- A sturdy aluminum chassis
- A nearly full sized spill-resistant keyboard that stretches from one end of the chassis to the other, and includes DuraKey finishing to protect the keyboard
- An accelerometer and HP DriveGuard technology, which shuts down the hard drive in the event of a fall to prevent damage or data loss
- An ExpressCard slot
The netbook has a 16:9 aspect ratio 10.1 inch display. Right now you can only get a model with a 1024 x 576 pixel resolution, but starting in early April HP will offer a 1366 x 768 pixel display for just $25 more. I asked an HP rep today how the screen looks – the HP Mini 2133 has a 1280 x 768 pixel, 8.9 inch screen that’s so sharp it’s almost difficult to read. He replied that it’s going to be a matter of choice, which is why HP will offer a standard definition and high definition screen, but that he finds the higher resolution display comfortable to use.
The HP Mini 2140 comes with a 160GB, 5400RPM hard drive. For $50 more you can upgrade to a 7200RPM hard drive. Or you can get an 80GB SSD for a whopping $575 more. That price will probably fall over the next year or two as SSD prices come down. But it’s worth pointing out that this is a high quality, high performance SSD that will help extend the battery life by up to an hour or so, and provide faster performance on some tasks. It’s not the same kind of cheap flash memory used in lower priced netbooks like the HP Mini 1000 and Acer Aspire One.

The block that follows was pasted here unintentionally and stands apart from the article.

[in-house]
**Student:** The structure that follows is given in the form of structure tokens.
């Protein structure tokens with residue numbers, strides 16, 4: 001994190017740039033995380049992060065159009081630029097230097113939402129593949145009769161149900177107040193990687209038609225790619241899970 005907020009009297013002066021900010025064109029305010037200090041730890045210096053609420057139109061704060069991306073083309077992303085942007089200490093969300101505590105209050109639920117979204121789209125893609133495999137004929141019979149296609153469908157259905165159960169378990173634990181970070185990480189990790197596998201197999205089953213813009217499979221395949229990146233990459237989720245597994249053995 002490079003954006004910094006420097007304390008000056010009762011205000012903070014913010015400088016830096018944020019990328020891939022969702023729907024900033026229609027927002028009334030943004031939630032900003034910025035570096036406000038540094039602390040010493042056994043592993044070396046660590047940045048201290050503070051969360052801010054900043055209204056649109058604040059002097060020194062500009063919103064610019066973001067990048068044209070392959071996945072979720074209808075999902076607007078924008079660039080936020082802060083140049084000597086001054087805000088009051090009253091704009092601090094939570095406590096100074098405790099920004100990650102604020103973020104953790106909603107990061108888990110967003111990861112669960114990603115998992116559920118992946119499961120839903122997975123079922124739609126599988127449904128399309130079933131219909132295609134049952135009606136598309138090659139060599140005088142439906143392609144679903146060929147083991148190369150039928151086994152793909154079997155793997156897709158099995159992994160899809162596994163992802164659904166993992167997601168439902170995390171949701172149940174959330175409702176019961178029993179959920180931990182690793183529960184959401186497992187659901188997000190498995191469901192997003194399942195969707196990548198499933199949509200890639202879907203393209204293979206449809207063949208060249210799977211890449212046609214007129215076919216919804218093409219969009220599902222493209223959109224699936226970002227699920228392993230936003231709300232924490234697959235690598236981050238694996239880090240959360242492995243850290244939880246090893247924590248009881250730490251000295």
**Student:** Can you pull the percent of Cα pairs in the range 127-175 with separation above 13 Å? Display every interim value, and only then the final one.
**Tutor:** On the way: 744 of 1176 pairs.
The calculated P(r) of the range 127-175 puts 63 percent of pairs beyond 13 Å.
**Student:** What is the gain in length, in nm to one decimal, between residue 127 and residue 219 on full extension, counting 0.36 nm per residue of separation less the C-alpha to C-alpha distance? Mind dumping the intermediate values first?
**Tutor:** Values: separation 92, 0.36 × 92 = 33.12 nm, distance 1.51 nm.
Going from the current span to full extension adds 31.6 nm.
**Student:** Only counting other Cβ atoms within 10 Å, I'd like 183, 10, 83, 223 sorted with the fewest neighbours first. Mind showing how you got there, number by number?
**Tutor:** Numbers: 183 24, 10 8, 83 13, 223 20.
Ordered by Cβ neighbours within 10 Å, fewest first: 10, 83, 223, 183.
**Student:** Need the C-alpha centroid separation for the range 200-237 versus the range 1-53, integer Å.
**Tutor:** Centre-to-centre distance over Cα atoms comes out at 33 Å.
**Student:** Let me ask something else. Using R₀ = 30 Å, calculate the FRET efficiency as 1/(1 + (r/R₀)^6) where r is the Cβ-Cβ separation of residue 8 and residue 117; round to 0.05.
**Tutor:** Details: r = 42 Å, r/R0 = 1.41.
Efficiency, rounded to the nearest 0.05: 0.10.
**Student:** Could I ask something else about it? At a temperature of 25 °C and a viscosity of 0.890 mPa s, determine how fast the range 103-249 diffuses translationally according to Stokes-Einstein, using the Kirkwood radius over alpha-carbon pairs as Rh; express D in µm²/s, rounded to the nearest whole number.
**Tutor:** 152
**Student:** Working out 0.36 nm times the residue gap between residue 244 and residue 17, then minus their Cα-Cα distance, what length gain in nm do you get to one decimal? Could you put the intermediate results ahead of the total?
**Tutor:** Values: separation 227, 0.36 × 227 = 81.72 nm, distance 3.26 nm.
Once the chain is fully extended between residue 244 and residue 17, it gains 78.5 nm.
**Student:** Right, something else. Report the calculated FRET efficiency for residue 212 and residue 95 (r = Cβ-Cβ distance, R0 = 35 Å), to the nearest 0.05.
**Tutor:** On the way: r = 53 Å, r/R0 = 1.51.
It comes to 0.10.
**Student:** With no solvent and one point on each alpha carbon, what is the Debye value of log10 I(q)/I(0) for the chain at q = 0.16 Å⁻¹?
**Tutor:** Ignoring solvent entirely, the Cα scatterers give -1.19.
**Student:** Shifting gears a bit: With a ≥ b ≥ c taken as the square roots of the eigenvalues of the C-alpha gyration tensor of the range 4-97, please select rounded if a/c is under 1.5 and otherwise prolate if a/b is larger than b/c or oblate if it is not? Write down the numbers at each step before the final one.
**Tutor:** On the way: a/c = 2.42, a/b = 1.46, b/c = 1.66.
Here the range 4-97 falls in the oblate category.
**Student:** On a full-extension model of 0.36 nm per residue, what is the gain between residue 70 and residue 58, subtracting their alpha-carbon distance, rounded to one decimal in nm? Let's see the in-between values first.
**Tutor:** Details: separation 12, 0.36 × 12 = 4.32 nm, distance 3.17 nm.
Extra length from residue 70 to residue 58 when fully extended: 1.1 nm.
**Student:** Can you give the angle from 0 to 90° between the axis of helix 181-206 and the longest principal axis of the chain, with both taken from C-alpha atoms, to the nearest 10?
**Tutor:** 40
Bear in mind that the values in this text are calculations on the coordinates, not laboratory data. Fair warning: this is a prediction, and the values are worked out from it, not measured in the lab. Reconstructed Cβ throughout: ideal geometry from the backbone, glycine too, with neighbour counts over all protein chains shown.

The reason HP includes an ExpressCard/54 slot in this mini-laptop is that many business customers use ExpressCard-based solutions for 3G wireless connectivity. The company does offer an integrated 3G modem in some HP Mini 1000 models, and as more enterprise users adopt integrated WWAN technology, HP will probably begin offering HP Mini 2140 or other business class netbooks with this option in the future.
I shot a little video this afternoon showing off some of the features and limitations of the HP Mini 2140. You can check it out after the break.